One of Congress’ last acts of the 2010 session was renewal of a tax incentive to encourage private landowners (including working family farms) to protect their land with a voluntary conservation easement. The goal is to encourage landowners to help protect natural or historic resources on their property. The incentive provides a dual benefit: land conservation that keeps the land in private hands and keeps it on the Philipstown tax roll.
The incentive is applied to the landowner’s federal income tax and includes three principal parts. It increases the possible deduction (for voluntary land conservation) from 30 percent of their income (in any year) to 50 percent. It allows farmers to deduct up to 100 percent of their income and increases from 6 to 16 the number of years this deduction can be taken.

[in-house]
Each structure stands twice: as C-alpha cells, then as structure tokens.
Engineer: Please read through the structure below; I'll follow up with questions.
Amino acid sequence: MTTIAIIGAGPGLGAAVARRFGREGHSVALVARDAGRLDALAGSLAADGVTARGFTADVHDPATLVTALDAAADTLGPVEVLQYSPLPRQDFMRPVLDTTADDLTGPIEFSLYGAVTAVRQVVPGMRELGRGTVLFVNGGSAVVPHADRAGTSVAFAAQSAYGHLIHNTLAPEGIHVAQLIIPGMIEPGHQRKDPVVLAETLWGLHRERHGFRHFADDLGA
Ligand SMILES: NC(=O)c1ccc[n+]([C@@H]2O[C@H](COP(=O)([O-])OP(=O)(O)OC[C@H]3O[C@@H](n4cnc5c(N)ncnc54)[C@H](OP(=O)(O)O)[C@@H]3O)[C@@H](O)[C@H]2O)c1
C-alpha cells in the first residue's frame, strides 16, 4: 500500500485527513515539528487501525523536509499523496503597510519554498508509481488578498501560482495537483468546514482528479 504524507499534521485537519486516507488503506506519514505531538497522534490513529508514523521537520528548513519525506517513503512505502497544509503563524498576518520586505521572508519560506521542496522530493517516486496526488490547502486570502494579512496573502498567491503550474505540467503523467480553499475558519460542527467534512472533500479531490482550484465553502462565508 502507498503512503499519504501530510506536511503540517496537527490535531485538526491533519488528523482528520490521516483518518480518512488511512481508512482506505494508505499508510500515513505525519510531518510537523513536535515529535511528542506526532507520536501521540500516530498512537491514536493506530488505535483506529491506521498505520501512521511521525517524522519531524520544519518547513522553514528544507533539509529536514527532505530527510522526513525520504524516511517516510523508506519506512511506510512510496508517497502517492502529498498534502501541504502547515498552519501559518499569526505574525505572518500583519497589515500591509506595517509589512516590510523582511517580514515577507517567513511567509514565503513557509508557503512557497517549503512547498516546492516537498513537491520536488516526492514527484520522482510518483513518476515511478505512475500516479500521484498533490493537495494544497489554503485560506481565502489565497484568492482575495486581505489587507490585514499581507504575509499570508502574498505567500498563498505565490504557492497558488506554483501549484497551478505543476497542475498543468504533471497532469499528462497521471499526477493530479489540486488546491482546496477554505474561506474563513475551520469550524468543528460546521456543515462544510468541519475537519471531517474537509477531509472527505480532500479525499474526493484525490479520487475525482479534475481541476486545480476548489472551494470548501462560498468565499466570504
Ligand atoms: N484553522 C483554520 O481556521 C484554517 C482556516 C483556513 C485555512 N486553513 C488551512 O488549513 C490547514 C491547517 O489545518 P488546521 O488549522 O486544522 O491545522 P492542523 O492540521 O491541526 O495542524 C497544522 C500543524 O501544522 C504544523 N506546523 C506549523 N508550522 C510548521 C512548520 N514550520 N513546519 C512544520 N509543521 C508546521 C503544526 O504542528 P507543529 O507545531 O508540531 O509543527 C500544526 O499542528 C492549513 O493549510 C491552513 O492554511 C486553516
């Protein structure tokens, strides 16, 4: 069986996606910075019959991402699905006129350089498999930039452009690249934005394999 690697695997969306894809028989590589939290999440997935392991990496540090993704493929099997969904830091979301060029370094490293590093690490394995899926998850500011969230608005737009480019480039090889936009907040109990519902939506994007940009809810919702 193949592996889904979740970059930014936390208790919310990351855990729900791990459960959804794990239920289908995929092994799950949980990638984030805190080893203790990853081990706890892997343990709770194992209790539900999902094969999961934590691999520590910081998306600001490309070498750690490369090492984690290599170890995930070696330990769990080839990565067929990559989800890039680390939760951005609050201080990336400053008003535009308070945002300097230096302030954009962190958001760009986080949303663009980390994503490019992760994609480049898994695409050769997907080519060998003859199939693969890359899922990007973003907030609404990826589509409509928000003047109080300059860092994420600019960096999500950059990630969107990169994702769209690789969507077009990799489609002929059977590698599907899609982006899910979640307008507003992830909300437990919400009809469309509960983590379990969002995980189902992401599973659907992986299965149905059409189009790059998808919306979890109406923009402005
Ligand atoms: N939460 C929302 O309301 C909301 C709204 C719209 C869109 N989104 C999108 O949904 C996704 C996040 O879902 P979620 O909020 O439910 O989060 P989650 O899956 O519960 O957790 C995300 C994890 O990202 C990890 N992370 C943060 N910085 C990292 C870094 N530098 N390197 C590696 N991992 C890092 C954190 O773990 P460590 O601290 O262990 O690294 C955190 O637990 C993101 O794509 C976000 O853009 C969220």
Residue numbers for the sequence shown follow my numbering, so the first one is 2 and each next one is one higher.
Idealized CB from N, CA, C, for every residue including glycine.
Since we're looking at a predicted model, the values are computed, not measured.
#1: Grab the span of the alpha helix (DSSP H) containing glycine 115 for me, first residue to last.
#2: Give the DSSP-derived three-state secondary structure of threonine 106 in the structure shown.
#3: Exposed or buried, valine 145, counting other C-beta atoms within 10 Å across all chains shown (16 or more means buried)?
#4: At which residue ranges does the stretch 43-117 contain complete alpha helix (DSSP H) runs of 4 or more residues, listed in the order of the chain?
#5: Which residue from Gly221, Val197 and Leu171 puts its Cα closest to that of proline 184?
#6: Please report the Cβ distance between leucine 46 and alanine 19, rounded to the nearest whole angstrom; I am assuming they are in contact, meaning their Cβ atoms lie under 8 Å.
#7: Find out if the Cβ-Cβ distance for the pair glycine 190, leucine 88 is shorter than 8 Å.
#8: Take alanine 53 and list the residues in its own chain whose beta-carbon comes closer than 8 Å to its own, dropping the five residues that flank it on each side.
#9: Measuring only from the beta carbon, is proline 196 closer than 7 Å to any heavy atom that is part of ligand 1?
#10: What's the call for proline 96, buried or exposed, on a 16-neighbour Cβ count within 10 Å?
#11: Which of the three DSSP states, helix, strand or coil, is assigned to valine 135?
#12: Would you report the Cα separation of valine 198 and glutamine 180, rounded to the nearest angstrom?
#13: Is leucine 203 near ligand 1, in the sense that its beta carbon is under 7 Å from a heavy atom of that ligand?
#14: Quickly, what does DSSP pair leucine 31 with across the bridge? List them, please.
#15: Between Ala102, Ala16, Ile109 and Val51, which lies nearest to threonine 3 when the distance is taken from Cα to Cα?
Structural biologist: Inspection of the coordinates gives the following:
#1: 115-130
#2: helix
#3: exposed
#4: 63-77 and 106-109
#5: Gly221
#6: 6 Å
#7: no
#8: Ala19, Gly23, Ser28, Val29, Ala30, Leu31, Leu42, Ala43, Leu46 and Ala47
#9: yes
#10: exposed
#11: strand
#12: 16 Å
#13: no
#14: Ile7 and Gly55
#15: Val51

Hudson Highlands Land Trust (HHLT) Executive Director Andy Chmar, commenting on the renewal, said “Our whole community wins when landowners conserve their land this way, protecting clean drinking water, scenic landscapes, recreational spaces, wildlife habitat and productive agricultural lands.” The HHLT works with local landowners to develop conservations strategies. Chmar also said, “. . . with the extension of these . . . tax benefits, Congress has taken a big step forward in preserving this region [the Hudson Highlands] and the character of our local communities.” Application for this deduction can be made until Dec. 31, 2011.
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